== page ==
Immune Thrombocytopenia (ITP) in Emergency Medicine

Updated: Jul 19, 2023
  • Author: Michael A Silverman, MD, FACEP; Chief Editor: Gil Z Shlamovitz, MD, FACEP  more...
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Practice Essentials

Immune thrombocytopenia (ITP), previously known as idiopathic thrombocytopenic purpura, is defined as isolated thrombocytopenia with normal bone marrow and in the absence of other causes of thrombocytopenia. ITP has two distinct clinical syndromes, manifesting as an acute condition in children and a chronic condition in adults. [1]

Isolated thrombocytopenia on a complete blood cell count (CBC) is the key laboratory finding (see Workup). Treatment depends on patient characteristics and clinical circumstances and ranges from observation only to pharmacologic therapy to splenectomy (see Treatment and Medication).



ITP is primarily a disease of increased peripheral platelet destruction, with most patients having antibodies to specific platelet membrane glycoproteins. Relative marrow failure may contribute to this condition, since studies show that most patients have either normal or diminished platelet production.

Acute ITP often follows an acute infection and has a spontaneous resolution within 2 months. Chronic ITP persists longer than 6 months without a specific cause.

Malik et al have identified cytotoxic CD8+ T cells as an antibody-independent mechanism of platelet destruction in chronic ITP. These researchers demonstrated that adults with chronic ITP have clonal expansion of terminally differentiated effector memory CD8+ T cells (TEMRA), compared with age-matched controls. TEMRAs form aggregates with autologous platelets, release interferon gamma, and trigger platelet activation and apoptosis via the T-cell receptor–mediated release of cytotoxic granules. [2]



ITP develops when platelets become coated with immunoglobulin G (IgG) autoantibodies to platelet membrane antigens, resulting in splenic sequestration and phagocytosis by mononuclear macrophages. The resulting shortened life span of platelets in the circulation, together with incomplete compensation by increased platelet production by bone marrow megakaryocytes, results in a decreased number of circulating platelets.




United States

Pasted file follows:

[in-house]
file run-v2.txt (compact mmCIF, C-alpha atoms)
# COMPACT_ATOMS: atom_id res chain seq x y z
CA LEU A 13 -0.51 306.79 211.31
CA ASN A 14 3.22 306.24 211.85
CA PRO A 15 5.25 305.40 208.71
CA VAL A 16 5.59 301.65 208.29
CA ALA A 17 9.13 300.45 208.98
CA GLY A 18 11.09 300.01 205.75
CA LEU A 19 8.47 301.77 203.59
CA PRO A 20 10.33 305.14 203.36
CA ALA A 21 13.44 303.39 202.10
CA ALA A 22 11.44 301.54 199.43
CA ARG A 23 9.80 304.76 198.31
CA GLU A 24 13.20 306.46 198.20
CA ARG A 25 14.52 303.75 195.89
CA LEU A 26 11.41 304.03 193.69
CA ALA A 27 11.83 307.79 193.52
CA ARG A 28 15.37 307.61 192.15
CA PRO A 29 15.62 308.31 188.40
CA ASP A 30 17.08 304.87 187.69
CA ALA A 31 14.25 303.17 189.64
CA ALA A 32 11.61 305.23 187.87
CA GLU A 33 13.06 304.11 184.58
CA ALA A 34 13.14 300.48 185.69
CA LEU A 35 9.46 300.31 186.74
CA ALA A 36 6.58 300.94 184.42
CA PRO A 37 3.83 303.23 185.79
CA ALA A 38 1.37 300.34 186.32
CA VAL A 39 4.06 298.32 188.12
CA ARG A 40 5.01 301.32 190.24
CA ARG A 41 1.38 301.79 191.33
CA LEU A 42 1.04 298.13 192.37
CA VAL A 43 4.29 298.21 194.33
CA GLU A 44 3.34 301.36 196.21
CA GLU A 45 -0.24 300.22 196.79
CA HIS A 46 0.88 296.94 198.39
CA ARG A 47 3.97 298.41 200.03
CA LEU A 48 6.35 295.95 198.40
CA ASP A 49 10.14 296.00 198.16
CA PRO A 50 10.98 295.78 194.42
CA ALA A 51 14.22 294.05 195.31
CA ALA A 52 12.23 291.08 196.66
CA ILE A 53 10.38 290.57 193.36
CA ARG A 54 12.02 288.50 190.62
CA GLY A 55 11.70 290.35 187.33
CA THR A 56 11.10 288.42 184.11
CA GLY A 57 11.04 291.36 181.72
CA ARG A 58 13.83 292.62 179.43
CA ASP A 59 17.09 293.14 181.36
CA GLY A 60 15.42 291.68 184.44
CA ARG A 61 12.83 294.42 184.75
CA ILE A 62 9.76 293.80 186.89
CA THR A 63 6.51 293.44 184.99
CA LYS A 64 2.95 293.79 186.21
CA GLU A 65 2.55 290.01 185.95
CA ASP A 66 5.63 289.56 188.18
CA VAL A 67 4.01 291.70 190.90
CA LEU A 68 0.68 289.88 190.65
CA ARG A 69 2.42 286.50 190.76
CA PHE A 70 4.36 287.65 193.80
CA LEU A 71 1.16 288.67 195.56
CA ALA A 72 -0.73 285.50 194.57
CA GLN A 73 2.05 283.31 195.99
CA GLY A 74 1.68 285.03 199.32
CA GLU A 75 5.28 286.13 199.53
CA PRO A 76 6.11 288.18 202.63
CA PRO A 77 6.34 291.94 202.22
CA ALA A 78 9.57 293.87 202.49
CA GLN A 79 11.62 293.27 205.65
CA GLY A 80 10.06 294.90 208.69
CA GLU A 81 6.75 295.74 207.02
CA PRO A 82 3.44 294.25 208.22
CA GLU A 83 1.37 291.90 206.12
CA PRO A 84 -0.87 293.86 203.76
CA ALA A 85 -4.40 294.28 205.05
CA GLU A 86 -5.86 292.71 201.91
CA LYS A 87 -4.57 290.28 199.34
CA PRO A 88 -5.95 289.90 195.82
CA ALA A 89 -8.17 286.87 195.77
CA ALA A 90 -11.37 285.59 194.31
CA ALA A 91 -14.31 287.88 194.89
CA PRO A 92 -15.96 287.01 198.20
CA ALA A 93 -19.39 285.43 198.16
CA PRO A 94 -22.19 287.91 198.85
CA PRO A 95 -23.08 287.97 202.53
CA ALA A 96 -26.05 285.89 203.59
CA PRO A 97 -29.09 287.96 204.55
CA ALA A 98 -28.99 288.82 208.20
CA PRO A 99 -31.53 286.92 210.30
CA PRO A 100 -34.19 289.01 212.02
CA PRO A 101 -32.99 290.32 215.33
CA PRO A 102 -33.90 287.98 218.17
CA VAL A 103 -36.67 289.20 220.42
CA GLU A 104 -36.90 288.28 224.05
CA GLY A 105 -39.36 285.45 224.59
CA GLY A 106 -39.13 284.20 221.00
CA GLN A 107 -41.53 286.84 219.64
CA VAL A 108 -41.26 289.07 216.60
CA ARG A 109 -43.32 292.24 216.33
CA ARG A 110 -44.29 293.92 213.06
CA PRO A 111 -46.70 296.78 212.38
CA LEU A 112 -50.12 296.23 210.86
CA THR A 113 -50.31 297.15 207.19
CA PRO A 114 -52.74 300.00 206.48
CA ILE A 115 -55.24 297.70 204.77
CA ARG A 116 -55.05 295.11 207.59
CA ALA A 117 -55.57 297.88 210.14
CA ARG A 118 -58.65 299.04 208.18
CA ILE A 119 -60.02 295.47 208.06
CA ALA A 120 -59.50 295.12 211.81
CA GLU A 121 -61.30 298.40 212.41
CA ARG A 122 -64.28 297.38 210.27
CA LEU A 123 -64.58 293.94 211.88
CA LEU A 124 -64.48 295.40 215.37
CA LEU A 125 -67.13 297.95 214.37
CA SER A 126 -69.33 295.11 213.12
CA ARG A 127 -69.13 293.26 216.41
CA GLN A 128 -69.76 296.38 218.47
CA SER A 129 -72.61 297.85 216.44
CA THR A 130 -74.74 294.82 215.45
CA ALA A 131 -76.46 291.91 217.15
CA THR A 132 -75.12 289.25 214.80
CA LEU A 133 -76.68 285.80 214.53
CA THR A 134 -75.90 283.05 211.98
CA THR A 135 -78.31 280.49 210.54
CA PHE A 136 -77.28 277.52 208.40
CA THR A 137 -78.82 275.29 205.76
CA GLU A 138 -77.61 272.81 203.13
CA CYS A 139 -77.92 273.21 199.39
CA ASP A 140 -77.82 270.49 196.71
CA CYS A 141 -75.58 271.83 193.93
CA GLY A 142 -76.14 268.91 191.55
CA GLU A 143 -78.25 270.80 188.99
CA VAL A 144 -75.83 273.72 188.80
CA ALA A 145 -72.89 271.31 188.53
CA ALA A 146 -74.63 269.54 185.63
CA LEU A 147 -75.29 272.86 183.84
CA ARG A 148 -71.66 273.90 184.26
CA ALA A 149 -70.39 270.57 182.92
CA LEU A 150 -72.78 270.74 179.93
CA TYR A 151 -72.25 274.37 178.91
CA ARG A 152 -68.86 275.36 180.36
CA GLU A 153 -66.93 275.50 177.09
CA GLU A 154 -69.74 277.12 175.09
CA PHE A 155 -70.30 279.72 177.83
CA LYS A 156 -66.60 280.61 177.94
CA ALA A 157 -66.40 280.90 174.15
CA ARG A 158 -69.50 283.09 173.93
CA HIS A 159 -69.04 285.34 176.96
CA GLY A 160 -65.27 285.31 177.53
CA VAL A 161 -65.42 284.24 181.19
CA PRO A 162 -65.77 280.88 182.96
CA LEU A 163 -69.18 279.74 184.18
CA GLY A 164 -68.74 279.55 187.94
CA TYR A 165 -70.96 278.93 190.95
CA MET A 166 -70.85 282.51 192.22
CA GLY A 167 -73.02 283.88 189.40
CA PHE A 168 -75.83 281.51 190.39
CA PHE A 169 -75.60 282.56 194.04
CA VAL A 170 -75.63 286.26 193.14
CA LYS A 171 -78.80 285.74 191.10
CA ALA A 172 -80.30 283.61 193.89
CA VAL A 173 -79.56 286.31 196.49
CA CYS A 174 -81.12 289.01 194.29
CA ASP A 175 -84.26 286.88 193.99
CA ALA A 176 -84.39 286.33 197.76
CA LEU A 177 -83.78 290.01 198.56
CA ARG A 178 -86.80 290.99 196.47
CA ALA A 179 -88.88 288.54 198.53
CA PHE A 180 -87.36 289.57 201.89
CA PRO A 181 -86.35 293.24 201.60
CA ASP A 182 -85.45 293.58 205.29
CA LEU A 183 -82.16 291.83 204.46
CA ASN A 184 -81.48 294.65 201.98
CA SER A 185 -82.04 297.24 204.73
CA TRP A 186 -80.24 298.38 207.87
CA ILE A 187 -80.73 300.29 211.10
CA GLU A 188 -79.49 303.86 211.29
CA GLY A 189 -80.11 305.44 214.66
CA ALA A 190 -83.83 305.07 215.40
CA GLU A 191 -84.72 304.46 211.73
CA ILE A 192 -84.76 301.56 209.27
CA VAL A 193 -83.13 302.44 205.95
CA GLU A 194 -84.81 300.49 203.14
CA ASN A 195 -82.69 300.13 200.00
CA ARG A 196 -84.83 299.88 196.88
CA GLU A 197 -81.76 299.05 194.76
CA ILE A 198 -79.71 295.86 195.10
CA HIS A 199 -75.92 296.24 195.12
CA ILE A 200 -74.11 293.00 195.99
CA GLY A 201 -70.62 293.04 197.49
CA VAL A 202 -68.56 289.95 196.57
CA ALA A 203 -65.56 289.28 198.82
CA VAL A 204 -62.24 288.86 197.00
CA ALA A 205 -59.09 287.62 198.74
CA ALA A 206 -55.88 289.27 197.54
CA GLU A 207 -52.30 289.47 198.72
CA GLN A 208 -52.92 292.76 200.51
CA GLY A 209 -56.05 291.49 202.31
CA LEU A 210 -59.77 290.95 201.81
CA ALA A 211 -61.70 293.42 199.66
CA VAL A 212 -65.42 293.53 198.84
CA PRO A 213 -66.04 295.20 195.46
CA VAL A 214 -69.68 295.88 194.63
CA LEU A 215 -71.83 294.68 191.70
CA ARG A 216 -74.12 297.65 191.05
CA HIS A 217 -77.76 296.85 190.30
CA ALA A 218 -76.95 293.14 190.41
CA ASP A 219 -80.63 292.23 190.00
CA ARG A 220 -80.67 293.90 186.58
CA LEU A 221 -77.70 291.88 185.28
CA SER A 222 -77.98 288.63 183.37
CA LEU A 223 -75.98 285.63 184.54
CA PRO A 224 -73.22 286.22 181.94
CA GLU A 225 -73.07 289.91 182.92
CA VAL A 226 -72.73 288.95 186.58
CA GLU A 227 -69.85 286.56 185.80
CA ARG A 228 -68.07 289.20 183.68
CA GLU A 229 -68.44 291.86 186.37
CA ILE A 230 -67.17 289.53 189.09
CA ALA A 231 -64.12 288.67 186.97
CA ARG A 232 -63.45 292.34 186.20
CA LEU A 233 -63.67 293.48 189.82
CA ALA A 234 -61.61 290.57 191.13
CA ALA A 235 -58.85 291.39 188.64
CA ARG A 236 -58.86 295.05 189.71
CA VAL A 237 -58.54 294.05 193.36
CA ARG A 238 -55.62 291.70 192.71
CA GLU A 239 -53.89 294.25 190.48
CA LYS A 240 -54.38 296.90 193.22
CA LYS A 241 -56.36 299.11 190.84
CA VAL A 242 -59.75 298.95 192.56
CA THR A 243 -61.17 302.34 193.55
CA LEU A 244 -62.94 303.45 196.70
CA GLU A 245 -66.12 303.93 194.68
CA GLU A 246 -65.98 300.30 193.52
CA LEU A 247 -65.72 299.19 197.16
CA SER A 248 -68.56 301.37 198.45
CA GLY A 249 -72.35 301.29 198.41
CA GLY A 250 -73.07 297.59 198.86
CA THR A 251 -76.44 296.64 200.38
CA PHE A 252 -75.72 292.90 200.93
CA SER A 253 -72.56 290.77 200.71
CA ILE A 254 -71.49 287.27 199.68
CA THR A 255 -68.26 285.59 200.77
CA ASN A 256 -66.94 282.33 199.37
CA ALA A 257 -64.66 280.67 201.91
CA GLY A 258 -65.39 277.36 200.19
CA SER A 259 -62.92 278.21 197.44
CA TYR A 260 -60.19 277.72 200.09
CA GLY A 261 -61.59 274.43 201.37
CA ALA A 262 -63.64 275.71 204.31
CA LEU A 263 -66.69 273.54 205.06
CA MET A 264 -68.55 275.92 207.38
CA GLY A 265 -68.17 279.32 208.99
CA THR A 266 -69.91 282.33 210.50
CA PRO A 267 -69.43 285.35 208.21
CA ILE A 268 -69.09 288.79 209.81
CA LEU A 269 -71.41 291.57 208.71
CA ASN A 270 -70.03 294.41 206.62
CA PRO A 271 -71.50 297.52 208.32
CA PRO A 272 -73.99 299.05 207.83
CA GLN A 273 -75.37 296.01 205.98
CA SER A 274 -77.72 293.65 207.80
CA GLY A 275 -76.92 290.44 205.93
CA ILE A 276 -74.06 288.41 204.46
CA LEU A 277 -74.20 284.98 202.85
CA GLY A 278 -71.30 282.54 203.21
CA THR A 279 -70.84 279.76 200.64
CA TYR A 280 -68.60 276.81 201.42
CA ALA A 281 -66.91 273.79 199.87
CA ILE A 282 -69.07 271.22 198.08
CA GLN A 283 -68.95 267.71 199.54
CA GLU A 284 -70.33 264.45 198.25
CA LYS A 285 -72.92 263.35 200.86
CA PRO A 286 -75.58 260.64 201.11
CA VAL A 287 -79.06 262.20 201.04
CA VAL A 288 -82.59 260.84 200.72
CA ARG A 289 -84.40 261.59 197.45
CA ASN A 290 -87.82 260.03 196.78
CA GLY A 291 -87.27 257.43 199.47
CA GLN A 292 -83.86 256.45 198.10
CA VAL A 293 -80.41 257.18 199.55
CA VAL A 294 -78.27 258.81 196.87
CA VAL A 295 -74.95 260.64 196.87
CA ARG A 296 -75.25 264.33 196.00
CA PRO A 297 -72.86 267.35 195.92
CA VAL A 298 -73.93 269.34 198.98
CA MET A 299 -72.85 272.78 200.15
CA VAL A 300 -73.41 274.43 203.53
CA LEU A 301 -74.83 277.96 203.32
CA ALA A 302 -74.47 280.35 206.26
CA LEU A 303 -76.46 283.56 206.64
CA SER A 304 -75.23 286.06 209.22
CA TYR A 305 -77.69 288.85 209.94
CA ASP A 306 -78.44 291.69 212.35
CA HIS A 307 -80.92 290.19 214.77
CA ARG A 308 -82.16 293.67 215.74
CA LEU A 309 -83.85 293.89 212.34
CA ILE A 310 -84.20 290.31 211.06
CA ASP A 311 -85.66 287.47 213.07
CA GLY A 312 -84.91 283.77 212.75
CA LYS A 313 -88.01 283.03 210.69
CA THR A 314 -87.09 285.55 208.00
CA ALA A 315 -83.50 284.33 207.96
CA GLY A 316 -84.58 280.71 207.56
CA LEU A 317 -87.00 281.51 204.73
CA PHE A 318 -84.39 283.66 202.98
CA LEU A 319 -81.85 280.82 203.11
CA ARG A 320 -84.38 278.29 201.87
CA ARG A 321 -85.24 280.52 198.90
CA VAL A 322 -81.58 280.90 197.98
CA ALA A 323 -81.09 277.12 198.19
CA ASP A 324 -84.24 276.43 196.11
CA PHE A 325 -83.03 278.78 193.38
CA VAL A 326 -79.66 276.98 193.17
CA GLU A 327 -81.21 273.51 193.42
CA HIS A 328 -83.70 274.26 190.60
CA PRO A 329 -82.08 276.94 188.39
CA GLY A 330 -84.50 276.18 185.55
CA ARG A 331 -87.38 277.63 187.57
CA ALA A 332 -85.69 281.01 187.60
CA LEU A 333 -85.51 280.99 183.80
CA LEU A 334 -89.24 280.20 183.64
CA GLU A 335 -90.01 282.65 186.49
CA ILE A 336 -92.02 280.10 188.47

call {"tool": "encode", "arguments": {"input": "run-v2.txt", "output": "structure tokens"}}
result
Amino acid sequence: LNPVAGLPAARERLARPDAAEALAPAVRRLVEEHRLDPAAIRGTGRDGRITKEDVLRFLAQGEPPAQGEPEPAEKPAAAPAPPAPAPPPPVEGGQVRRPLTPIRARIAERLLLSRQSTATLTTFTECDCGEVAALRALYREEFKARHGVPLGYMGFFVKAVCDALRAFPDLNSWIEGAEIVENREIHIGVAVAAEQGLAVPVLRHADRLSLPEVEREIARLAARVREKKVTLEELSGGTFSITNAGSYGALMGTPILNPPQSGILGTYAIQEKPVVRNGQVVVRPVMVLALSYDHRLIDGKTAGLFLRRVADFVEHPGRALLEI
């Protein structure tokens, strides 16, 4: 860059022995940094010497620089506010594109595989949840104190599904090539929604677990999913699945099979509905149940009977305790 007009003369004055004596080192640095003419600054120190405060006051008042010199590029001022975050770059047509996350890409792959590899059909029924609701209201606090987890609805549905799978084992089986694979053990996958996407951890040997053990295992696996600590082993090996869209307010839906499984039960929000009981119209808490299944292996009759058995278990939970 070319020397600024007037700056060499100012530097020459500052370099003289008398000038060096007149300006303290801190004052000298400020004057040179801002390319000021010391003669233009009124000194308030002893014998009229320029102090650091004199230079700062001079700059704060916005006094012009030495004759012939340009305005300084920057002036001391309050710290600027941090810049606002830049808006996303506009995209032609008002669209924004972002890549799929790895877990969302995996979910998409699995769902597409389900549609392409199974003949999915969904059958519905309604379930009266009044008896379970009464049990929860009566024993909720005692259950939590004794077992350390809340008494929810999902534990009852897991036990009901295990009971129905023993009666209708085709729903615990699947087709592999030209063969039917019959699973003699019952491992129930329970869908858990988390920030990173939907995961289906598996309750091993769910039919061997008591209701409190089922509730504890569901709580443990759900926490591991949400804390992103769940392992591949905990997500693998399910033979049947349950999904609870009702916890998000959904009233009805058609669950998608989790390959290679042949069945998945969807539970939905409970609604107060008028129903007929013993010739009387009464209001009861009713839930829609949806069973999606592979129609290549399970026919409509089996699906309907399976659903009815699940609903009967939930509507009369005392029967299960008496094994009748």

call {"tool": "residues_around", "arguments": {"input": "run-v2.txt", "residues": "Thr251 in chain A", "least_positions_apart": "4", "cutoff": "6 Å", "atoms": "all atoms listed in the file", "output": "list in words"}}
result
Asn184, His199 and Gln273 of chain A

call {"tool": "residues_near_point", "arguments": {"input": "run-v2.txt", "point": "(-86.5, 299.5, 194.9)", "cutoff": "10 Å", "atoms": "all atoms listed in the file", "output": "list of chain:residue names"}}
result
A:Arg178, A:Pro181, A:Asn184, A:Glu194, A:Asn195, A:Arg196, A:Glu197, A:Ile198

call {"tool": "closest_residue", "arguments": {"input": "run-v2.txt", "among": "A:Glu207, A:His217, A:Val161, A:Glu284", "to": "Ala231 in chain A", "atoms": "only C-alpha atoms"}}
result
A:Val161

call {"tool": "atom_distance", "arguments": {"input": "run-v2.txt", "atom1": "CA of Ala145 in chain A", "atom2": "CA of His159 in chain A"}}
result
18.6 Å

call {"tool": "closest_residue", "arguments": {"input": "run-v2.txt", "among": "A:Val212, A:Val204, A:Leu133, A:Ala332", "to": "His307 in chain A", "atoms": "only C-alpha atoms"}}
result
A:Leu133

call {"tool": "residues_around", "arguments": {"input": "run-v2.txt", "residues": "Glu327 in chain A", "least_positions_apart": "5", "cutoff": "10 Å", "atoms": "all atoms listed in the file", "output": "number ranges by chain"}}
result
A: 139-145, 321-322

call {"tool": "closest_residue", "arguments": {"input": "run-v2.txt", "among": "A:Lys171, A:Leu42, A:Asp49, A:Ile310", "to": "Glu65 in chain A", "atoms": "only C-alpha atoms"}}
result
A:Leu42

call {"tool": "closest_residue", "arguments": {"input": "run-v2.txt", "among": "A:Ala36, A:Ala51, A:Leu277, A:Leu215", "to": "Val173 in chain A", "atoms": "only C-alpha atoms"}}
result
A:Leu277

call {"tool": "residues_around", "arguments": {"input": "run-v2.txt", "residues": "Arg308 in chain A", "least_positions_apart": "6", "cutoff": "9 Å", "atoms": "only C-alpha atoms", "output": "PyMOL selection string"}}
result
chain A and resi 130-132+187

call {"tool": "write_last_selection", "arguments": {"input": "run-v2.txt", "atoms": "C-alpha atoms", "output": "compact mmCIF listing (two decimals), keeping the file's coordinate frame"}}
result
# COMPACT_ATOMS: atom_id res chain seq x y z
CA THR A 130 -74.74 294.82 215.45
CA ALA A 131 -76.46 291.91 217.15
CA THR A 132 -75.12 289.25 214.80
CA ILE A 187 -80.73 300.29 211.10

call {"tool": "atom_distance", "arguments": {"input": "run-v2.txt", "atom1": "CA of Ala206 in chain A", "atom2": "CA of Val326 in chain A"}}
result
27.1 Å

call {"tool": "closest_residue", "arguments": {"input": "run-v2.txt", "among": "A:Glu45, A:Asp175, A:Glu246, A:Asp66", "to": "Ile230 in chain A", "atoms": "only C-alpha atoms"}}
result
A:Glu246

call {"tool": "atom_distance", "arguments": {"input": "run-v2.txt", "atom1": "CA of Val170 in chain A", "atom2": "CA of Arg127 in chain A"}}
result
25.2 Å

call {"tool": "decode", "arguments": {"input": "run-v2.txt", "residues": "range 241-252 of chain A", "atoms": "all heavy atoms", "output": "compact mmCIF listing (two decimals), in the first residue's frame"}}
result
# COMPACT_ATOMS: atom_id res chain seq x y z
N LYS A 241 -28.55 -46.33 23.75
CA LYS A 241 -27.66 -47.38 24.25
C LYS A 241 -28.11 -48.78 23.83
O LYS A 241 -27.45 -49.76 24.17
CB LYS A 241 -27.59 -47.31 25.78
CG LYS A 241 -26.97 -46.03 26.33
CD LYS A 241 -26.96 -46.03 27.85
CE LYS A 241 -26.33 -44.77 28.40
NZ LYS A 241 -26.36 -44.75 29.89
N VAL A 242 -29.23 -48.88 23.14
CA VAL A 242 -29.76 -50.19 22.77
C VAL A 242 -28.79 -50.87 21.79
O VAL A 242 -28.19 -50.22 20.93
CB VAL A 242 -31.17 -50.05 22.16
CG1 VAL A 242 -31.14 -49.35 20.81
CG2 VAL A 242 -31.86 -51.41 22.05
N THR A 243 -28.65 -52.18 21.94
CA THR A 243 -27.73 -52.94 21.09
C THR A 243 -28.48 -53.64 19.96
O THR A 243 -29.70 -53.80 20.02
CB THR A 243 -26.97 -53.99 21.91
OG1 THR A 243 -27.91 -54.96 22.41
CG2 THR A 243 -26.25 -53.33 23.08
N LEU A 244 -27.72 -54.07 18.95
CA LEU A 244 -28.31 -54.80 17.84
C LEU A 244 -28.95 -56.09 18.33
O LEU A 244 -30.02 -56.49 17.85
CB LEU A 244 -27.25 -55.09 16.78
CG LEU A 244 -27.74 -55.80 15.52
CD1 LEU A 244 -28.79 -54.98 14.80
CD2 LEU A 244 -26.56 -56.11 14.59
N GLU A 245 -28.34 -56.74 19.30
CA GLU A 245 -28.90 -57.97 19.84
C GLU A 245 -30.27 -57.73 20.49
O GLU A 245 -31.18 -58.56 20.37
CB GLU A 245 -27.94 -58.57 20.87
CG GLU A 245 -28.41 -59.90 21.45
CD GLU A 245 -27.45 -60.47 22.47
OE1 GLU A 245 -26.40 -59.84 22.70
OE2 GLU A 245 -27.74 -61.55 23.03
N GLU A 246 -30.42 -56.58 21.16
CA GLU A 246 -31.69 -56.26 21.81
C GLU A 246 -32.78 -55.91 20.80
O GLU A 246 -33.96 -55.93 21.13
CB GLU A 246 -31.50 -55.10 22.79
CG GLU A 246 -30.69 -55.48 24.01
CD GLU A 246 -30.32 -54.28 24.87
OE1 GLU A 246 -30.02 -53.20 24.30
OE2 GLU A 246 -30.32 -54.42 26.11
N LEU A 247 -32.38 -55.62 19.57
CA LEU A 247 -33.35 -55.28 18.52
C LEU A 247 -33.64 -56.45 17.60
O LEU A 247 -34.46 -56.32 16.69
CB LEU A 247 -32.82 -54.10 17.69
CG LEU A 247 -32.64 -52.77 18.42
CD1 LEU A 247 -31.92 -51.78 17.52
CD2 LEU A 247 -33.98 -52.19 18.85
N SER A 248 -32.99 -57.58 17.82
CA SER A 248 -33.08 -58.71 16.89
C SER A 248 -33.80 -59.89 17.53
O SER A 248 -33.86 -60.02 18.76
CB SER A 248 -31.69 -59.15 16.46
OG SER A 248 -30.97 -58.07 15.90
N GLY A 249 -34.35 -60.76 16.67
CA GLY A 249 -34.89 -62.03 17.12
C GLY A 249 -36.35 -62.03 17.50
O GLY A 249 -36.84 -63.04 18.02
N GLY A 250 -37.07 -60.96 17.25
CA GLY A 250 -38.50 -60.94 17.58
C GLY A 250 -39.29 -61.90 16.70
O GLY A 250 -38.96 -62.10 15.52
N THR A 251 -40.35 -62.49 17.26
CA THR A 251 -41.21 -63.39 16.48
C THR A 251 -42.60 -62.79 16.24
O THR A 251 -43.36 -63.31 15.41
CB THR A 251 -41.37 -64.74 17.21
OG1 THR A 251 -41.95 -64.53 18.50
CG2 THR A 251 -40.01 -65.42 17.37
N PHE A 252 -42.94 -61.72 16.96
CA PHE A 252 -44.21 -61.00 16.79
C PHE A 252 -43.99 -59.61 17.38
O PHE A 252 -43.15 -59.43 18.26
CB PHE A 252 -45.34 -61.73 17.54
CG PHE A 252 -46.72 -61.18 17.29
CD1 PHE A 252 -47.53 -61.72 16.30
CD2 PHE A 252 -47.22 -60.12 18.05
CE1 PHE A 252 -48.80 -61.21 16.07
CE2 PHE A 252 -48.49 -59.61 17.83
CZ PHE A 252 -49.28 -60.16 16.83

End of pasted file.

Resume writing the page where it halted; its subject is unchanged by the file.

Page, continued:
Incidence rates are as follows:

  • The incidence of ITP in adults is approximately 66 cases per 1,000,000 per year
  • An average estimate of the incidence in children is 50 cases per 1,000,000 per year
  • New cases of chronic refractory ITP comprise approximately 10 cases per 1,000,000 per year


According to studies in Denmark and England, childhood ITP occurs in approximately 10-40 cases per 1,000,000 per year. [3] A prospective, population-based study in Norway indicated an incidence of 53 per 1,000,000 in children younger than 15 years. [4] A study in Kuwait reported a higher incidence of 125 cases per 1,000,000 per year.


Hemorrhage represents the most serious complication; intracranial hemorrhage is the most significant. The mortality rate from hemorrhage is approximately 1% in children and 5% in adults. In patients with severe thrombocytopenia, predicted 5-year mortality rates from bleeding are significantly raised in patients older than 60 years versus patients younger than 40 years, 47.8% versus 2.2%, respectively. Older age and previous history of hemorrhage increase the risk of severe bleeding in adult ITP.

Spontaneous remission occurs in more than 80% of cases in children. However, it is uncommon in adults.

Sex- and age-related demographics

In acute ITP (children), distribution is essentially equal between males (52%) and females (48%). In chronic ITP (adults), the female-to-male ratio is 2.6:1. More than 72% of patients older than 10 years are female.

In children, peak incidence is at ages 2-4 years. Approximately 40% of all patients are younger than 10 years. In adults, peak incidence is at ages 20-50 years.




Approximately 83% of children have a spontaneous remission, and 89% of children eventually recover. More than 50% recover within 4-8 weeks. Approximately 2% die.

Only 2% of adults have a spontaneous recovery; however, approximately 64% of adults eventually recover. Approximately 30% have chronic disease, and 5% die from hemorrhage.

Complications of immune thrombocytopenia and its treatment may include the following:

  • Intracranial or other major hemorrhage
  • Severe blood loss
  • Adverse effects of corticosteroids
  • Pneumococcal infections if the patient must have a splenectomy

Patient Education

Instruct patients to return for follow-up in order to assess for a potentially reduced platelet count. Emphasize close outpatient follow-up care. Because of the increased risk of bleeding, instruct patients to avoid aspirin products. 

For patient education information, see Thrombocytopenia (Low Platelet Count).